It’s funny how the definition of a word can be so subjective. You visit the pits after a demolition derby and there are excited mechanics and drivers talking about how they’re going to put a rig back together. Cars so destroyed that they have to be dragged out by bulldozers are considered salvageable.
A week later you lose a taillight from a runaway shopping cart and are informed your vehicle is totaled. It’s enough to make you wonder what does totaled mean?
In the United States, an average of 6 million accidents occur each year. Fortunately, the majority of crashes result in property damage and not injury or death. Less fortunately, that leads to a lot of vehicles being considered beyond repair by insurance companies.
Keep reading for a comprehensive answer to this frustrating question.
What Does Totaled Mean?
The simple answer to a question leaves out a lot of useful details. Still, here it is: a totaled car is one that has less actual cash value (ACV) remaining than the cost to repair it.
This doesn’t mean the car is worthless or has zero value, just not enough value to matter to an insurance company. Between metal scrap, parting out a car, and resale to salvagers, there’s always some other value to be found.
If your car was totaled and you’ve been offered a payout from your insurance, you’ll want to shop around to find the best value.
Start by understanding the calculations used to determine the ACV. From there, consider the damage done and weigh that against other recoupable value. Don’t forget to factor in additional value and work that’s been put into your vehicle.
Actual Cash Value
The person determining the ACV of your vehicle is usually your claims adjuster. They determine the value of your pre-accident auto using data from other similar cars in your area.
Because the estimate is based on a sliding scale and isn’t a hard and fast number, it’s good to negotiate for a better value. Two factors matter the most in the calculation of your vehicle’s worth, age and wear.
Age has a more gradual and discernable curve to it. A tool like this depreciation calculator gives you a year by year assessment of the value lost.
Wear is another story entirely. What does and doesn’t reduce value in the case of wear is more art than science. This follows the idea that 100,000 highway miles are less taxing on the car than the same in city miles.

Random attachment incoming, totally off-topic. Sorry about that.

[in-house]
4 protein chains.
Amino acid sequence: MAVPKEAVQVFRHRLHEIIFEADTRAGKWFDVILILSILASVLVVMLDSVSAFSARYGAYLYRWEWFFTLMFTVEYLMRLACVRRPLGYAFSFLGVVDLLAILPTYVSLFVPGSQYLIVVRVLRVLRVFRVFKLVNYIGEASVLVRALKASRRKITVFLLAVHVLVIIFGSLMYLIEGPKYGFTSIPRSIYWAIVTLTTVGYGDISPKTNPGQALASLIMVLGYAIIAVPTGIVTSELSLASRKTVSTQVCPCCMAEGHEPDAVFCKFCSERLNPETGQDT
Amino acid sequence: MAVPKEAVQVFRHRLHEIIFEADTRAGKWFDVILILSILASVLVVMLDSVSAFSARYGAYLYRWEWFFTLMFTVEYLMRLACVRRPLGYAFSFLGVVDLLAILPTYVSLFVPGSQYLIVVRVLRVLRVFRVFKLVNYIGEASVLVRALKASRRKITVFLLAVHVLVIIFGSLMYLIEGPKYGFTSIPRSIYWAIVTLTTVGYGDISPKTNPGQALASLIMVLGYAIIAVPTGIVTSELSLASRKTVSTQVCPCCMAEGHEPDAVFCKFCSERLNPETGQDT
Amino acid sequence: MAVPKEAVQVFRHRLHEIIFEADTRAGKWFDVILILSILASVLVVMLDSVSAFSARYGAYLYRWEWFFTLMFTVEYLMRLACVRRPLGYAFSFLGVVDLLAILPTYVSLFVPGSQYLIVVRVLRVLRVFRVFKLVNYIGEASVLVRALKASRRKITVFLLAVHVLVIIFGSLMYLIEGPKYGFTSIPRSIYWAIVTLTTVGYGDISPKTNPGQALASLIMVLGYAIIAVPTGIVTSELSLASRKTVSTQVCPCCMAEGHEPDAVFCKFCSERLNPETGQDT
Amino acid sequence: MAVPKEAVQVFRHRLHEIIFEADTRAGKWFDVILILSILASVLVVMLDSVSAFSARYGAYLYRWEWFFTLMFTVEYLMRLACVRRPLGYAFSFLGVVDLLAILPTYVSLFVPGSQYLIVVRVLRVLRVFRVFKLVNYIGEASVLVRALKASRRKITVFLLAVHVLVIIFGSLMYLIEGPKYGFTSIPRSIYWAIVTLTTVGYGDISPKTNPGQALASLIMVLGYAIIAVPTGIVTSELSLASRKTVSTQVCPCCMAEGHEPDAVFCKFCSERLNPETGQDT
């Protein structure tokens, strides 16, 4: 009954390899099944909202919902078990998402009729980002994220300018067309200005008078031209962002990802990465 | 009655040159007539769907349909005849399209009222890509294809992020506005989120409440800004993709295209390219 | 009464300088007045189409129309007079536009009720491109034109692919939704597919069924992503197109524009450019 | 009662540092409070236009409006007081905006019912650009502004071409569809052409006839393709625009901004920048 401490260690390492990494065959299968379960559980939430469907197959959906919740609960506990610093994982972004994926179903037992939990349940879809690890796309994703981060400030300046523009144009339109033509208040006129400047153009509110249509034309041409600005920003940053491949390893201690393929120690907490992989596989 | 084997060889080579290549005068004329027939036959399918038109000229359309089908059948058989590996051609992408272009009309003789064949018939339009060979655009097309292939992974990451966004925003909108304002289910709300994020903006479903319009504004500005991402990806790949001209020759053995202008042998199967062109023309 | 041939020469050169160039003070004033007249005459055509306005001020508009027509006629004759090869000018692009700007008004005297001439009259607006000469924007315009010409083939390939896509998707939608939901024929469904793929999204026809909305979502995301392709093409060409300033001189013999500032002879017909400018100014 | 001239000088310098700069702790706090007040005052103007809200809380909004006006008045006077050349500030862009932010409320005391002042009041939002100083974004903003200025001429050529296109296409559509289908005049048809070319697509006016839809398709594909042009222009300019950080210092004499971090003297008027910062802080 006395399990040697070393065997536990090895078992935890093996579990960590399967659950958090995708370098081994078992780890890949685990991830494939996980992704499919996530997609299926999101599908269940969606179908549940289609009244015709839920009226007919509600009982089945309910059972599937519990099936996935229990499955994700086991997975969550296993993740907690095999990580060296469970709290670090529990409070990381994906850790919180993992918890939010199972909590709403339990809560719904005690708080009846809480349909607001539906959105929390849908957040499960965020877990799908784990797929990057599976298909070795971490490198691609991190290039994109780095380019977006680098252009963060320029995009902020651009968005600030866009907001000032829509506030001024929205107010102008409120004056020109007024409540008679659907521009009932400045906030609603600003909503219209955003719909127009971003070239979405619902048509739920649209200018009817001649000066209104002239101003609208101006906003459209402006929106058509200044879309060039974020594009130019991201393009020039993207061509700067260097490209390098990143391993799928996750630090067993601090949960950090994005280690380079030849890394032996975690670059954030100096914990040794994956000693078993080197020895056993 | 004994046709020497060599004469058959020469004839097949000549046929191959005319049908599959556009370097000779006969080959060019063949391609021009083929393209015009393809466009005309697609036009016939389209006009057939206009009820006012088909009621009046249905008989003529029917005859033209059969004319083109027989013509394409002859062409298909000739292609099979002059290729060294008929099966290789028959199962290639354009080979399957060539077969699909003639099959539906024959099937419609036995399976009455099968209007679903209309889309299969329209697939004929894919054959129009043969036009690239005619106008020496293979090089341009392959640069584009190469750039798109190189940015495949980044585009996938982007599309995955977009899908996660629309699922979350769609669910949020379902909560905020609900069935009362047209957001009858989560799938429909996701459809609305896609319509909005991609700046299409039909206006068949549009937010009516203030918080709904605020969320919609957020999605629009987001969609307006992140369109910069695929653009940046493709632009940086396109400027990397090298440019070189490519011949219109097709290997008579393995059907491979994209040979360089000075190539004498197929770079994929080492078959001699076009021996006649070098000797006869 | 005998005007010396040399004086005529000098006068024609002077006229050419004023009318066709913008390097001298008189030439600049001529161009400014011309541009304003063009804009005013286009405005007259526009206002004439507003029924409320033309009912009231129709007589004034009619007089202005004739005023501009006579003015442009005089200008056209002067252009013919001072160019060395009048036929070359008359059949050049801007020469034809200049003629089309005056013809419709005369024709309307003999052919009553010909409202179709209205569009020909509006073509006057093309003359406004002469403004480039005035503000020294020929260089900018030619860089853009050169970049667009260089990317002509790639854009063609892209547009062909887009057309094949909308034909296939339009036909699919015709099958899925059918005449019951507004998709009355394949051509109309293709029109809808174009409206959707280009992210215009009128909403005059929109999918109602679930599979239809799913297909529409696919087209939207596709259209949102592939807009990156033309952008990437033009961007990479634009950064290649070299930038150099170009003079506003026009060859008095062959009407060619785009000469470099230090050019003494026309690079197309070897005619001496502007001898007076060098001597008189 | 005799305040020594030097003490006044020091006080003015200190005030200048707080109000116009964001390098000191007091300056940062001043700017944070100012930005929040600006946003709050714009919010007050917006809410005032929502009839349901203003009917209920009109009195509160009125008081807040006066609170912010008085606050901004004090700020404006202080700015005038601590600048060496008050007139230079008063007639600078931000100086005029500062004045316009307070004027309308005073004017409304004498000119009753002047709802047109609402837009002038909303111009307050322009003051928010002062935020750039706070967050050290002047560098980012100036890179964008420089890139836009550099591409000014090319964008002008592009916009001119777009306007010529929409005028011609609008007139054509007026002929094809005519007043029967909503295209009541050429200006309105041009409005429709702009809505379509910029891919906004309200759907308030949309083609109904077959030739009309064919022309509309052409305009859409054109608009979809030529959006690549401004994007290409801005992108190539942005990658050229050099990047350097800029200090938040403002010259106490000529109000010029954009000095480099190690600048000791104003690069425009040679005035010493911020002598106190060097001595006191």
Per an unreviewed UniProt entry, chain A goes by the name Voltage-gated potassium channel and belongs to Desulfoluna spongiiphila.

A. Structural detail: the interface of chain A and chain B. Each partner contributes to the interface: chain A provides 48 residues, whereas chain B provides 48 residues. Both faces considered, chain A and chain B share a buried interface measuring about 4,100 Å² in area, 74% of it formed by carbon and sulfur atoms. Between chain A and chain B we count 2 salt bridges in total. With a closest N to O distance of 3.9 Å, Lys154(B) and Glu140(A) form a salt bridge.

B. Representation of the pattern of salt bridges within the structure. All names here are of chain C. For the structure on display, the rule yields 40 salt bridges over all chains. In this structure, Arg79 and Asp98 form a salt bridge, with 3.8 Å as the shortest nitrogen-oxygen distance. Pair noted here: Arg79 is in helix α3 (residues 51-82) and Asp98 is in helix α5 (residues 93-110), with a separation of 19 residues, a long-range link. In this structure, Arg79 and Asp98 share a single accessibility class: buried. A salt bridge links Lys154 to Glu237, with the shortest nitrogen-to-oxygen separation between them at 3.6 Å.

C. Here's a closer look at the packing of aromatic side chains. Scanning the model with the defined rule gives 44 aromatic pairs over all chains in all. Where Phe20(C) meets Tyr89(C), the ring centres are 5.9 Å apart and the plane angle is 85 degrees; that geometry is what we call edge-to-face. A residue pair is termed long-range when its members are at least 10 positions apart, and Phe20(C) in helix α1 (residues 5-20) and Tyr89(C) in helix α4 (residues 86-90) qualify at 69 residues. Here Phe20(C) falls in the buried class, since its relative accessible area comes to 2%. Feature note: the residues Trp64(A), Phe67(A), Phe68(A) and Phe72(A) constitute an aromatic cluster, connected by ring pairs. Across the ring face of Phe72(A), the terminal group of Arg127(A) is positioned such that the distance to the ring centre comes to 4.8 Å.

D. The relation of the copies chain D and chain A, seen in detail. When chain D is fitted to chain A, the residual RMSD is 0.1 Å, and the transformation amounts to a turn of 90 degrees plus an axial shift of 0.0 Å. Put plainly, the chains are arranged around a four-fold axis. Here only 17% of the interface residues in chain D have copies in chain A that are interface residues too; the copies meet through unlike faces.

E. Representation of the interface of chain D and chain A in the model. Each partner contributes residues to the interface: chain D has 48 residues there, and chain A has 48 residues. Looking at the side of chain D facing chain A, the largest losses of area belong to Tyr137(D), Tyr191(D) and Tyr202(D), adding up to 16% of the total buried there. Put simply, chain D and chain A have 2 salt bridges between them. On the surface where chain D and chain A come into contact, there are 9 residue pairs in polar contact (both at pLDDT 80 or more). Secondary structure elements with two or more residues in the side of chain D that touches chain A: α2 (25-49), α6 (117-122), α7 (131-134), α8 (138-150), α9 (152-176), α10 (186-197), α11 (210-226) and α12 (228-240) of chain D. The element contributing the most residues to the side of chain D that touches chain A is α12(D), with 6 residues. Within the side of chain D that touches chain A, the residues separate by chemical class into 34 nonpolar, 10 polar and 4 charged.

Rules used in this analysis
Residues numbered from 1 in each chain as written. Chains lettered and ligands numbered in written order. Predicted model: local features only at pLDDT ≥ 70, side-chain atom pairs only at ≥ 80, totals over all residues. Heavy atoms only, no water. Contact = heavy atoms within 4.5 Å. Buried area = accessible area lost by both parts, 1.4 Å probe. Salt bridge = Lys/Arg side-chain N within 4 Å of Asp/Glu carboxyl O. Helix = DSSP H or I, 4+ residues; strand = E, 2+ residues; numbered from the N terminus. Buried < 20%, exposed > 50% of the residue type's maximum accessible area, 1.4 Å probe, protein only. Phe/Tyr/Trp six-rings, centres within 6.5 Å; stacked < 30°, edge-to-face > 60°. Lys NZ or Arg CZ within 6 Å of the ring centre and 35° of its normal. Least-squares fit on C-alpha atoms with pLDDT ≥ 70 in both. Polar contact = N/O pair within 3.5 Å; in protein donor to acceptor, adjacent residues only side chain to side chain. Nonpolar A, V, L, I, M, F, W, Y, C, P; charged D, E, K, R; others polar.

Of course, this is all for older cars. For newer cars, some slightly different rules apply.
Insurance policies cover newer vehicles with higher protections inside of tight windows. Generally speaking, if your auto is less than three months old, a totaled car gets replaced instead of lost.
Policies with guaranteed replacement coverage will replace a car older than that but not by more than a year.
When you own your car outright, a total loss designation will entitle you to a check for the remaining value of your car. When you are leasing or making payments on the vehicle, the cash goes to pay off the remainder before you see a penny.
If the ACV is declared less than what you owe in a lease or a payment, you’ll be in debt to the lender.
Amount of Damage Done
The amount of damage done to a vehicle also works on a sliding scale. In the world of totaled cars, there is a division between repair costs exceeding ACV and repairs making the vehicle unsafe.
Like most calculations done by an insurance company, you don’t see 100% in a return. The cost of repairs will see a car considered totaled when it reaches 80% of the ACV.
Repairs that would make the vehicle unsafe are becoming more common in newer models with the computer-assisted parts and impact paneling. These features are designed to do better in a crash but are harder to fix to a drivable point.
Many of the cars considered totaled right now are because of the rising cots of replacements for external bodywork and added the cost of re-certifying elements such as engine timing and fuel economy.
When a car is totaled you sell the title and the vehicle to the insurance company or other reclamation entity. In some states, you have the option to take a cash settlement and then repurchase the title for the salvage value. This salvaged title operates under different auto insurance coverage.
If you know you can get a better value for scrap and part selling than the adjuster presents, salvaging the tile may be an excellent choice.
Upgrades and Value Adjustments
When discussing the ACV with your adjuster, present recipients of any work done to upgrade the vehicle. Rebuilt engines (if that isn’t hit in the accident), new tires, and the like increase ACV and salvage value.
In 34 states you can also collect sales tax on the title and registration. Demand everything you can get.
Don’t let the adjuster do all of the work. Present your own research on the prices of cars similar to yours. Being assertive in these instances can mean thousands more for your totaled car.
Once you agree to the totaled settlement, the insurance company will take possession of the vehicle and the title. Usually, they do this quickly. It can take over a week for your settlement check to arrive.
Most insurance companies will cover a rental to cover a portion of the gap. This is another place to be assertive, make sure you keep a temporary vehicle until the check arrives. There’s no reason for you to be without a vehicle and facing that disruption because of slow mail.
Finding Cash in the Aftermath
Alright, the answer to what does totaled mean doesn’t always end poorly. It’s hard to say goodbye to a vehicle that has done so much to help you out in your day-to-day. Still, whether you pick up something new or salvage the old beast for other purposes, time keeps turning on.
If you are looking for other ways to get cash out of a totaled car, give us a call at (844) 663-7286.